From Hannah: Bridgerton caused a stir worthy of Lady Whistledown when it premiered on Netflix in Christmas of 2020. Voxpopcast found so much in the first season to discuss that we recorded not one but two episodes where we analyzed everything from its portrayal of sex to the implications of the alternate historical setting. You could basically put together a Bridgerton syllabus with everything we cited in our show notes. (Hey! That could be a fun episode one day!) And the popularity of Bridgerton in its own right has not slowed down (you can buy everything from coloring books to a Bridgerton-themed Monopoly … which I just cannot get over). The original novels have, of course, benefitted from the show’s adaptation and revisions. And now the show will return on March 25 with a second season featuring Anthony Bridgerton (season one gave use very little reason to like him and plenty of reasons to cheer when anyone told him off so this will be … interesting). But if we’re going to talk about Bridgerton this time, we can’t talk about season two by itself, if only because the conversation has changed since season one premiered.
And it’s changed because of Bridgerton. A couple of examples to illustrate what we’re thinking about: Amanda Rae-Prescott, a pop culture writer who extensively writes about period pieces and diversity both within fandoms and productions, has argued that Sandition (a PBS adaptation of Jane Austen’s unfinished work of the same name that features Austen’s heroine of color Miss Lambe) should learn from Bridgerton. HBOMax finally released Julian Fellowes’s The Gilded Age this January after years in development hell, and it is airing in a far different world than Downton Abbey did. (Monica and I have a lot of opinions about Gilded Age that definitely fit into the Bridgerton conversation, but spoiler alert: the show is almost aggressively boring.) And, also, NBC/USA Network is currently airing the reality dating The Courtship that’s being aggressively tied to Bridgerton in coverage.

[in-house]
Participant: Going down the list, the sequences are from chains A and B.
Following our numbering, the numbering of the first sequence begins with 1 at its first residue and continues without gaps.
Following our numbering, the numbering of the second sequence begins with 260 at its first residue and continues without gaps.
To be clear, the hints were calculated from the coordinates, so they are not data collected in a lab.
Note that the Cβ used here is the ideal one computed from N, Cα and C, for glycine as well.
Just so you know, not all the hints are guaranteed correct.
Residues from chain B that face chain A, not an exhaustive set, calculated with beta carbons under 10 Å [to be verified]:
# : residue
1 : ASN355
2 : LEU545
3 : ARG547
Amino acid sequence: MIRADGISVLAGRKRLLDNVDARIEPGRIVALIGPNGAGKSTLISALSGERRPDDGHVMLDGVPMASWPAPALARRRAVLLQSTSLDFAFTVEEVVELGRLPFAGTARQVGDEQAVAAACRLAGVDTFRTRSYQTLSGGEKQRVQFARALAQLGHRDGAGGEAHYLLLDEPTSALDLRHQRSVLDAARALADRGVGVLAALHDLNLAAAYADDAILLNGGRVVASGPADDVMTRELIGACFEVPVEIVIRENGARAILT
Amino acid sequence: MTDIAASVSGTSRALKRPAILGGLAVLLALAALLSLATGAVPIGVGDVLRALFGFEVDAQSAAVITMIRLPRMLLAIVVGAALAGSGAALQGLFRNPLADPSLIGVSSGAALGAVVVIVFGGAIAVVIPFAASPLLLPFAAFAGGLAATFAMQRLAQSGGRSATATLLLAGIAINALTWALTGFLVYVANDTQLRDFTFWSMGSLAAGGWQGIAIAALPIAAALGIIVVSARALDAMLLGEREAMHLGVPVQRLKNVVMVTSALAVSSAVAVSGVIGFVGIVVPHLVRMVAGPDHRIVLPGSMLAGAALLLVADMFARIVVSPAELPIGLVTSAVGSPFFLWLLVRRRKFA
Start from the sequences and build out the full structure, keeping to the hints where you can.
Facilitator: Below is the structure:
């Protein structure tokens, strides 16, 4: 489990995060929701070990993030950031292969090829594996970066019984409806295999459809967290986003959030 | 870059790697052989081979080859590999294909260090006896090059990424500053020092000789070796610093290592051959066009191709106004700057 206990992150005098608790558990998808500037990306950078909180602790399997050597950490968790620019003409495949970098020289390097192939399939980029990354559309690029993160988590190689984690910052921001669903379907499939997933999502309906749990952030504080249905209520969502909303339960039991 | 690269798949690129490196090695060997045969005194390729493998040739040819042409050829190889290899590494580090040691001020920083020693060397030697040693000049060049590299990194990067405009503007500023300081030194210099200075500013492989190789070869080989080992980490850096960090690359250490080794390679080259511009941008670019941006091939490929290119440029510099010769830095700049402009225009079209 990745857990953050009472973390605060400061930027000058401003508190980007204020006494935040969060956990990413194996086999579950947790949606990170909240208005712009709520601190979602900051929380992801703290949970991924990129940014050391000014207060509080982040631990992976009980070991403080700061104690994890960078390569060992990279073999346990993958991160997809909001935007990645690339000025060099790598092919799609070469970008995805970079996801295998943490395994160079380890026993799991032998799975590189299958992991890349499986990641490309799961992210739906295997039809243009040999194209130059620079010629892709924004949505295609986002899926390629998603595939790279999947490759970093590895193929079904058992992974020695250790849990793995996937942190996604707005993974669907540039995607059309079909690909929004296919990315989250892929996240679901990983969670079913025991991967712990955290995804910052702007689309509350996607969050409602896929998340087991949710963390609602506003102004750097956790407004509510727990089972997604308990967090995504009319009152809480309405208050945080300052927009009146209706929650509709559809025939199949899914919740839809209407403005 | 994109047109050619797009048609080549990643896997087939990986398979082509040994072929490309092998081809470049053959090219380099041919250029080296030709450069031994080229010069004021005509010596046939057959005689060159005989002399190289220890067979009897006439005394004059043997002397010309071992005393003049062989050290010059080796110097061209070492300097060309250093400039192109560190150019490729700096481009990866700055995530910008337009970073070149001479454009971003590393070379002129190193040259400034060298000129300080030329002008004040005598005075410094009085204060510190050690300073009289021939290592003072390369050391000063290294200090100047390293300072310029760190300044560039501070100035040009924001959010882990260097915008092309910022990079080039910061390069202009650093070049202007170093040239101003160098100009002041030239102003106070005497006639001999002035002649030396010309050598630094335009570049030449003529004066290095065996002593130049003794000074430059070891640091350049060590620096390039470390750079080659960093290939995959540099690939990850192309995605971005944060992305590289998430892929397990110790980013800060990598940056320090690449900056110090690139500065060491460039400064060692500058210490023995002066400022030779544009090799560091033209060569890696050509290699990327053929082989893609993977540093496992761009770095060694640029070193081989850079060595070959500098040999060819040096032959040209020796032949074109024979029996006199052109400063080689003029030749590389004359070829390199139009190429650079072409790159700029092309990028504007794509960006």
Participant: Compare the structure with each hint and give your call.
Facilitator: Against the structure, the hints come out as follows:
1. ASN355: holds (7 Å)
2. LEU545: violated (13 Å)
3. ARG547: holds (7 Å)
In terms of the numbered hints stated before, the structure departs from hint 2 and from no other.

Which, frankly, worth watching for being a whole lot. It may be the best/worst thing I’ve ever seen. And regular listeners know I have consumed a lot of best/worst things.
I’m sure I’ll have a lot of thoughts specific to Bridgerton season two once it airs March 25. And that our co-hosts and Bridgerton and romance genre experts may very well have fascinating perspectives. We, of course, would love to hear from you! What are you looking forward to in the new season? Once you’ve seen Bridgerton seasons one and two, what did you think? What plot lines and characters should we discuss? Have you read the books? Are you happy with the adaptation from page to screen? (I’ll admit I have some Thoughts™ about the books, but I’ll save it for the episode. But would recommend curious listeners checkout The Viscount Who Loved Me for its intentional and unintentional hilarity.) What do you think has been influenced by Bridgerton? Where do you hope the romance and period dramas go from here?